Burst of American thunder is different from any European thunder I've known. Not necessarily better, just different. It almost always arrives as a great jostling, exhilarating mass. Nine hours after a storm blasted me out of bed at 3am, I'm at Michigan International Speedway in the first Miller automobile to win the Indy 500, the 1923 HCS Special, with its straight-eight exhaust growling down the trembling pipe three inches below my right elbow and bouncing back off the straightaway wall. Thunder indeed.
The sound starts as a deep, throaty bark and builds with the revs to a ripping rumble that shreds the air, surges up your spine and squeezes you within your chest. And I'm thinking, if anyone or anything deserves the credit for giving America its own thunder, it must surely be Harry Arminius Miller and cars like the HCS Special.
You may not be familiar with Miller, or of a generation post-dating treaded racing tires.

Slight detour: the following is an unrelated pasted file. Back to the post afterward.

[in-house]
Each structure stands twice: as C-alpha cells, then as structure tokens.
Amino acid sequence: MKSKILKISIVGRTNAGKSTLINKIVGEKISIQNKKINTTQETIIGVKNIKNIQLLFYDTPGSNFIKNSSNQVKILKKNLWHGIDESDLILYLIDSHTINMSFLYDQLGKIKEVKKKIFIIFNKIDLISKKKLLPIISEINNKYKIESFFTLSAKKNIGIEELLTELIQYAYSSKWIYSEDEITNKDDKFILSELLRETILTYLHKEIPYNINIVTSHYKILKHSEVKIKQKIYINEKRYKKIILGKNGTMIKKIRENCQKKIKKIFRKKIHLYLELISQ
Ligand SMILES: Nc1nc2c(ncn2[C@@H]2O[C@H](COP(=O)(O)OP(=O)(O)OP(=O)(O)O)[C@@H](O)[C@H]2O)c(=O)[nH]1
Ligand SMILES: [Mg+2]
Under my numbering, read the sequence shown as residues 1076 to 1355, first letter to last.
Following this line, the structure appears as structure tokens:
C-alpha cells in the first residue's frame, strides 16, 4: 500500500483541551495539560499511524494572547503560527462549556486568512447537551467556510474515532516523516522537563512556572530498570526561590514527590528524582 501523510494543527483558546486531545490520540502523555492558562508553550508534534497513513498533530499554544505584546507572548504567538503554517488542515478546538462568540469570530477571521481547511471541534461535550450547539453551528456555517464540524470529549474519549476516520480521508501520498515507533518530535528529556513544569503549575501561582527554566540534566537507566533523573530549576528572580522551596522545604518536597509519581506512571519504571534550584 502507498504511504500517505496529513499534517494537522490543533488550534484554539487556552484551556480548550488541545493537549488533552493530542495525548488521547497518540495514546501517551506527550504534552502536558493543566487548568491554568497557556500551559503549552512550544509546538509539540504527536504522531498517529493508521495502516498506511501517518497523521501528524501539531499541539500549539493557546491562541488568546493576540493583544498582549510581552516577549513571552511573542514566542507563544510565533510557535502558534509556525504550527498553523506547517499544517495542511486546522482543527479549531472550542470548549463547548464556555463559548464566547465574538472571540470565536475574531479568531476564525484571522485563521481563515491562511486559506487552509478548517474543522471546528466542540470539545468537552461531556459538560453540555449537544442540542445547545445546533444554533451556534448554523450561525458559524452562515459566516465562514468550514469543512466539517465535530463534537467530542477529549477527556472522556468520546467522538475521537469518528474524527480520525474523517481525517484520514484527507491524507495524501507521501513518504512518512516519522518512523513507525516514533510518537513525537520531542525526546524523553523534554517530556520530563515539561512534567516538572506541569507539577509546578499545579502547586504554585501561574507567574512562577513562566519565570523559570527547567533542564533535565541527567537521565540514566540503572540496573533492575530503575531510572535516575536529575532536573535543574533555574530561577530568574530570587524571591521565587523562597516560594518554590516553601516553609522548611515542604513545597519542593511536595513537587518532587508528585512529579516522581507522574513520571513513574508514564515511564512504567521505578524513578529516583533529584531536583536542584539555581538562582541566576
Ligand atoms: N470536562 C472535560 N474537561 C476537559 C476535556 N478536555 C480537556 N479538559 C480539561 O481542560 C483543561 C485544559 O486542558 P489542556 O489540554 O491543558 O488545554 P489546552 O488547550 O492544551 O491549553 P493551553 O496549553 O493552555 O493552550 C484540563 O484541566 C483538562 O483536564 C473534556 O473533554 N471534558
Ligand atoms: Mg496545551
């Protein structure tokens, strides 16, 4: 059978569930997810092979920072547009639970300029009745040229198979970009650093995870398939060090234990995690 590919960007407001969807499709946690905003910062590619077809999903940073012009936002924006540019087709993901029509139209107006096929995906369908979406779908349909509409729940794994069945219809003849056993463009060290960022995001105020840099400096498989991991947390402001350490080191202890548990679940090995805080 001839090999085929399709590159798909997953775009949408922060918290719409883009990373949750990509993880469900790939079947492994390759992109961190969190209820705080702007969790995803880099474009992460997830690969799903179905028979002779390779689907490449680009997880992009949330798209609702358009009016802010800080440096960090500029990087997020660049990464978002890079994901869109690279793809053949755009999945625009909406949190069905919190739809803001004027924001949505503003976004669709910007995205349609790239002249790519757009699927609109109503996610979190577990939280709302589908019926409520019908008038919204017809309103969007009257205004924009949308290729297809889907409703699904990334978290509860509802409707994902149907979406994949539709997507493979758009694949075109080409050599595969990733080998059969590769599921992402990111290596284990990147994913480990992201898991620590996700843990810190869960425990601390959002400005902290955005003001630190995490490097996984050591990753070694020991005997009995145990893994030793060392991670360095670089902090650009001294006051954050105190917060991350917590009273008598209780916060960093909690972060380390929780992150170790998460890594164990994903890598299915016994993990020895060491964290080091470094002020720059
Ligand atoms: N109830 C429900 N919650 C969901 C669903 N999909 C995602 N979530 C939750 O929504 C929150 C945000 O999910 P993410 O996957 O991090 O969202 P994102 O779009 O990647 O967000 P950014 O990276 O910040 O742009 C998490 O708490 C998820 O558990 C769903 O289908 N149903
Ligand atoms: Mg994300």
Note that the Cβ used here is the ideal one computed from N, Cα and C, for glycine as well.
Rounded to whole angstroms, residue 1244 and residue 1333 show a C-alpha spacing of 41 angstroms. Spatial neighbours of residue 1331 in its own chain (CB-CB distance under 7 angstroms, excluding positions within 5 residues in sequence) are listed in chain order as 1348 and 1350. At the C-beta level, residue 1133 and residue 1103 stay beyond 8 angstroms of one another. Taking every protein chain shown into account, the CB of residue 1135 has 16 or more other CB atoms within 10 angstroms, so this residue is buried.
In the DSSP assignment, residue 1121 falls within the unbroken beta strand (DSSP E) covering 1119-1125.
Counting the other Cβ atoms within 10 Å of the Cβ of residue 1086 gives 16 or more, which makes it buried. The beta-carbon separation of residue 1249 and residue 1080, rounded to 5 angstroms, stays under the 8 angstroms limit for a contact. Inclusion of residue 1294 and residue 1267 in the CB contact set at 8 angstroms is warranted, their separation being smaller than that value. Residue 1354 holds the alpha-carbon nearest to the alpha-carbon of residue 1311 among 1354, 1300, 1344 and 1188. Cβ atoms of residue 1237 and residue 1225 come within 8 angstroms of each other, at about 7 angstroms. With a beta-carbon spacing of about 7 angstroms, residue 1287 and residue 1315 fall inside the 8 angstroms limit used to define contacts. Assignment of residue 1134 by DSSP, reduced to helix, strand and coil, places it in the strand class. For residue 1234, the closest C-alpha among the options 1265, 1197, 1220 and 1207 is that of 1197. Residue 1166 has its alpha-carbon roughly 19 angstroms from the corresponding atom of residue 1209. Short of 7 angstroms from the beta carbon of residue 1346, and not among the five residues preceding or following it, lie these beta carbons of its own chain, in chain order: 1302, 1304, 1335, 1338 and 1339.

But Harry Miller was American motor racing's creative giant, and left an indelible imprint on the nation's car culture. He was an artist and an artisan who believed the machinery inside should be as elegant as the shape outside; he was an innovator and a game-changer who pioneered technologies such as front-wheel drive and four-wheel drive in serious motor sport. He was also the first US designer to series-produce complete, bespoke racing cars; nothing on a Miller was converted road-car equipment, and virtually everything except the block casting and ignition was made in-house.
Harry Miller was in essence the North American Ettore Bugatti and Colin Chapman rolled into one – had any of their creations remained totally dominant for over half a century. A Miller engine first won the Indianapolis 500 in 1922, powering a Duesenberg, and last won it in 1976, in the form of the twin-cam four evolved by disciples Fred Offenhauser and Leo Goossen from a Miller marine engine, and they topped all but 12 of the runnings in-between. They also took all but ten of the American national championships during that timeframe too, and in both cases the bulk of missing wins were at the very end.